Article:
While being able to remain at home and having a home to remain in during the coronavirus outbreak is a privilege, it's hard to deny that lockdown has been a challenge. It tore us away from the comforts of everyday life — the joy of sharing a pint with friends or celebrating a birthday with family. Yet for many of us, the experience has also given us the chance to pause and reflect, to take stock of what matters most. In What I Learnt In Lockdown, writers share what this period has meant for them and what lessons they'll take away as we all begin to emerge from our COVID-19 cocoons.
I left Warrington when I was 25 to embark on my great London adventure. I’ve always been close with my family and was sad to say goodbye, but I also couldn’t wait to strike out on my own, discover new things, and get a taste for real independence. If you’d have told me that, five months later, I’d be back in my powdery pink childhood bedroom trying to come to terms with a country-wide lockdown, I would have laughed – and then cried – in your face. I felt so lucky to have parents who welcomed me home but, like countless millennials around the world, I couldn’t help but feel that moving home was a huge step backwards.
Living at home felt a bit like leading a double life. While I easily slipped back into old patterns, relying on my parents for food, laundry, and so on, I also had work to do, taxes to pay, and other glaring responsibilities that reminded me I definitely wasn’t a kid anymore. I was happy to hang out with my parents now and then, but mostly I’d spend time in my room on video calls with friends, trying to maintain some semblance of pre-pandemic life. At times I felt like an angsty teen, getting annoyed with my mum when she tried to help or offer advice on things in my life. Didn’t she know I’d grown up, moved out, and was only back on a temporary basis? I wasn’t a child anymore.
Things started to change, though, when I met someone on Tinder. Immediately, I knew I needed a full debrief and an in-depth dissection of the texts with a friend. But, in lieu of meeting up with a pal over coffee or drinks, I started to open up to the closest person (physically) to me: my mum.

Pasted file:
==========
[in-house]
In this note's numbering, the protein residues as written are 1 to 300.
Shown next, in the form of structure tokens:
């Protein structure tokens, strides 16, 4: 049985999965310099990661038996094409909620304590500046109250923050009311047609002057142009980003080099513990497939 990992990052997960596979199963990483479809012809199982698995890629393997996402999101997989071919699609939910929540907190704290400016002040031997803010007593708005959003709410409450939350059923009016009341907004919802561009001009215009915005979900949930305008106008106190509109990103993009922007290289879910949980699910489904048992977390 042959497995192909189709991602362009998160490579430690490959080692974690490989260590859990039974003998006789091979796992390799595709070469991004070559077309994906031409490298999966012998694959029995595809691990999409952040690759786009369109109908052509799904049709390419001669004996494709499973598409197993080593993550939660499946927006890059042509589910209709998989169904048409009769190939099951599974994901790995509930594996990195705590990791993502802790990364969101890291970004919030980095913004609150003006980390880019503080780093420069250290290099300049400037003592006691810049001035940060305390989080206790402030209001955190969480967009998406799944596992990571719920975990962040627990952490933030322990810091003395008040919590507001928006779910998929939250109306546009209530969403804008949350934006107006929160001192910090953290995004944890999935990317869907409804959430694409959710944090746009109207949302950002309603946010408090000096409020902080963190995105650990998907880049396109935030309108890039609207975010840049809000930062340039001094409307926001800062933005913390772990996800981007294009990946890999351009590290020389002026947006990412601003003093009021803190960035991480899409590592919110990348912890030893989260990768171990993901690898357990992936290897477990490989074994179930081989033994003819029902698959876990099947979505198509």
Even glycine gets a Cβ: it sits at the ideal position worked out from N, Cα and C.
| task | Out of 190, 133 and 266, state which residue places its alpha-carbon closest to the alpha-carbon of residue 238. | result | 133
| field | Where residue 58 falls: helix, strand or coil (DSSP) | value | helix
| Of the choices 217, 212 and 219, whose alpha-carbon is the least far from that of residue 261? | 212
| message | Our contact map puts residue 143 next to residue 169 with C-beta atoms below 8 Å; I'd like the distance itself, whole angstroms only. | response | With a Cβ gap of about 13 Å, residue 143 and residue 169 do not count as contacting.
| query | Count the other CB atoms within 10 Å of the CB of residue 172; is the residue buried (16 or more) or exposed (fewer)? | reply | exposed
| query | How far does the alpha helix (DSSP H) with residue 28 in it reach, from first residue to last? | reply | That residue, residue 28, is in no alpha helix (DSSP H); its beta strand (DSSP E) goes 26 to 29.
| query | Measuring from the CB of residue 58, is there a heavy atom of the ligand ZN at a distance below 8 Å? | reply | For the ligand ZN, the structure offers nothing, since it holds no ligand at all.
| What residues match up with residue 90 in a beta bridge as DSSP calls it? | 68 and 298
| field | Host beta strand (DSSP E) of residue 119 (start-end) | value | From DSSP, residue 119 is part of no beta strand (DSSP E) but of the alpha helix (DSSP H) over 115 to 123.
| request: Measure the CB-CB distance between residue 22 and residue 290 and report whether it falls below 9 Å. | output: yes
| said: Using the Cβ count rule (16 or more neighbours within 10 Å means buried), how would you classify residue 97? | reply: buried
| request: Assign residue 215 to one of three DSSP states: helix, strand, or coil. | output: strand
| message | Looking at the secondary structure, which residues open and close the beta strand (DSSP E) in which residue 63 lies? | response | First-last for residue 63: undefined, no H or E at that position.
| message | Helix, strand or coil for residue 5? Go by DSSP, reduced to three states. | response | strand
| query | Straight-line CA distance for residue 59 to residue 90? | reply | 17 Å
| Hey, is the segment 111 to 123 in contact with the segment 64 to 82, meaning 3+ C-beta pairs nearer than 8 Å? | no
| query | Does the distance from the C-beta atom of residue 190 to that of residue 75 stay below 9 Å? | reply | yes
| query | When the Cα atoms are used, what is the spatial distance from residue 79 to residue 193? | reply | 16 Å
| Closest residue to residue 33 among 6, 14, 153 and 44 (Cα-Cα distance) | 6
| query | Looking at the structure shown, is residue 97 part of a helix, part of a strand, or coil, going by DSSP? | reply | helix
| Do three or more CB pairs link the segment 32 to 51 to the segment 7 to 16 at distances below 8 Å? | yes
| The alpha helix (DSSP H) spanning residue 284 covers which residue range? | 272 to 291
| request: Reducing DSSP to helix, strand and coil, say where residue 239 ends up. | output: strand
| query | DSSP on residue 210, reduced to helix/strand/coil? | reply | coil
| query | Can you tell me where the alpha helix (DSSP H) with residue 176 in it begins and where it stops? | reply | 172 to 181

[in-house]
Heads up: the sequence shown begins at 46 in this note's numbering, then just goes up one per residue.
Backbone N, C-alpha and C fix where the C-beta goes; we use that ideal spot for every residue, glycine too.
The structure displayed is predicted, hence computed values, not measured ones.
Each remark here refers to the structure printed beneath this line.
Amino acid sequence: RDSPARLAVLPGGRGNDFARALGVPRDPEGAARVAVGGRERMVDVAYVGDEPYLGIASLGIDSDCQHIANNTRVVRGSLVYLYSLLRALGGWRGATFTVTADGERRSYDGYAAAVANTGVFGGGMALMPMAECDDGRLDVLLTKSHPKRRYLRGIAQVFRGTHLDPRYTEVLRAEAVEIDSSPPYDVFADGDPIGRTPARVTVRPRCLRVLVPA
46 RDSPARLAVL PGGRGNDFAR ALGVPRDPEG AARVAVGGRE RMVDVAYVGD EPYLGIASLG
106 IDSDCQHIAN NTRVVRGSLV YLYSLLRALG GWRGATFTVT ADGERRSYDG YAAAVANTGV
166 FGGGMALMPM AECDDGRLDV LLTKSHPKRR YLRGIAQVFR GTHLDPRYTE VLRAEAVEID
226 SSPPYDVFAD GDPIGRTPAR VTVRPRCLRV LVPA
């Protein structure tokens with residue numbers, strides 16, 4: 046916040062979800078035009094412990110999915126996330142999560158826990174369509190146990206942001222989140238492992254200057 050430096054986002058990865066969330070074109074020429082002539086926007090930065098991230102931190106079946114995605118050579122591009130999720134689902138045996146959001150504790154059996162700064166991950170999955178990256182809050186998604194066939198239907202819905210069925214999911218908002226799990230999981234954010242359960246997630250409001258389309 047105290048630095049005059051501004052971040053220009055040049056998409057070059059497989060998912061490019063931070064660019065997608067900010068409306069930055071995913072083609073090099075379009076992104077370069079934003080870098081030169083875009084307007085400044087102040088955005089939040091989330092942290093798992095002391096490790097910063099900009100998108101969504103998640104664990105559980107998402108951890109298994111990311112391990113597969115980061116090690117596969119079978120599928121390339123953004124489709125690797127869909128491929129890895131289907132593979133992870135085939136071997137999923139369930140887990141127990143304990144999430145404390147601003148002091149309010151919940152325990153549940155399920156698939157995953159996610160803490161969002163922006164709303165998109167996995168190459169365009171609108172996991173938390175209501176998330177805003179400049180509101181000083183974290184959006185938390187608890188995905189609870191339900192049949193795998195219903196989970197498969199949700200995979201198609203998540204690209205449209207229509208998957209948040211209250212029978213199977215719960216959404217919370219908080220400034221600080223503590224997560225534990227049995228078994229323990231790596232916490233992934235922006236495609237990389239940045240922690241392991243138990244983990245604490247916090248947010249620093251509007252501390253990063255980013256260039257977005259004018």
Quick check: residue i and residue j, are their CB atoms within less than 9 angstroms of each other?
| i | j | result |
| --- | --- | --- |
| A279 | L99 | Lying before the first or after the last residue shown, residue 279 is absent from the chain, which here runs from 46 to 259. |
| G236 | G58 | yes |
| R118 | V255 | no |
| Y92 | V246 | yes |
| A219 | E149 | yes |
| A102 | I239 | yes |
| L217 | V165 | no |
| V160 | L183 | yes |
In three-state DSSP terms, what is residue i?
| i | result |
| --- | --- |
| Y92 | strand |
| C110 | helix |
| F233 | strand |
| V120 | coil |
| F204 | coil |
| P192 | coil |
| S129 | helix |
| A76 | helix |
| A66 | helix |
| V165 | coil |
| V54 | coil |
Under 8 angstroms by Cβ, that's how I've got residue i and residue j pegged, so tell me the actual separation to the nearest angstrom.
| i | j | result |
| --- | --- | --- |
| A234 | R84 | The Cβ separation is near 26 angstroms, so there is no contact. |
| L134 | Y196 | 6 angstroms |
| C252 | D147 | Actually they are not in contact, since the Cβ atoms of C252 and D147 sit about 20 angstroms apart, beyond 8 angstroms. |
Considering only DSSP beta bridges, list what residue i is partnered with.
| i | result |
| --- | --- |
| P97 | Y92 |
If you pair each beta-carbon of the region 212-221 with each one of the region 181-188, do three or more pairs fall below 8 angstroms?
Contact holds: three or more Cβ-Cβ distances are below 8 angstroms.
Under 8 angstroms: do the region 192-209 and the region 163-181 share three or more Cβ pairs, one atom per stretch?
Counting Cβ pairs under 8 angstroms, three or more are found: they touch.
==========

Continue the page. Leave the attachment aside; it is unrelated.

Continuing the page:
In lieu of meeting up with a pal over coffee or drinks, I started to open up to the closest person (physically) to me: my mum.
My parents met when they were 25, hitting things off at a Christmas party. Their love story is heartwarming and one I love asking about, but it’s certainly a far cry from the modern world of dating apps.
When I lived away from home, I didn’t feel the need to divulge the gory details of dating to my mum. A crush might get a mention if things were looking serious, but that was about it. As a sex and relationships writer, I love nothing more than a juicy chat about great (and god awful) dating experiences, but this didn’t extend to my family dining table.
By week four, I’d shown my mum pictures of my new crush and we’d talked about deal breakers. It turns out being attracted to tall, dark, and painfully sarcastic people may run in the family...
However, as the weeks of lockdown spun into months, I started to realise just how fun it was to spend time with my mum. We cooked together, laughed together, spent evenings with wine and chick flicks. Soon she knew everything that was going on in my life – the parental filters totally vanished. I felt like she started to know me as the adult I’d become rather than the child she held the hand of while crossing the street.
By week four, I’d shown my mum pictures of my new crush and we’d talked about deal breakers. It turns out being attracted to tall, dark, and painfully sarcastic people may run in the family... As one of the best listeners in the world (in my biased opinion), my mum talked me through feeling completely burnt out and she confided in me about her own work stresses that was piling on during COVID-19.
While I’ve always known my mum dedicated so much time and energy to bringing up my brother and me, it took lockdown for me to fully understand who she was outside of that role.
Two months after moving home, I sat on my bedroom floor putting on makeup for my first Zoom date while my mum combed through my wardrobe to pick out a nice top. She talked me through my nerves before I logged onto the call and waited for the full debrief afterwards.
After the last 12 months, I know this Mothers Day will feel slightly different. This year, it feels like I'm celebrating not only a mum, but a friend. While I’ve always known my mum dedicated so much time and energy to bringing up my brother and me, it took lockdown for me to fully understand who she was outside of that role – she’s a great friend and ambitious worker, someone who is always willing to go that extra mile for the people she loves. I now recognise that, in the moments where she was trying to help me or offer advice, it wasn’t because she saw me as a child, it was because she saw me as a grown up, walking the path she once did. She just wanted to pass on her wisdom.
Lockdown was tough for so many reasons but it gave my mum and I the time and space to explore a whole new side to our relationship, and I’m so thankful to have a new best friend in my life.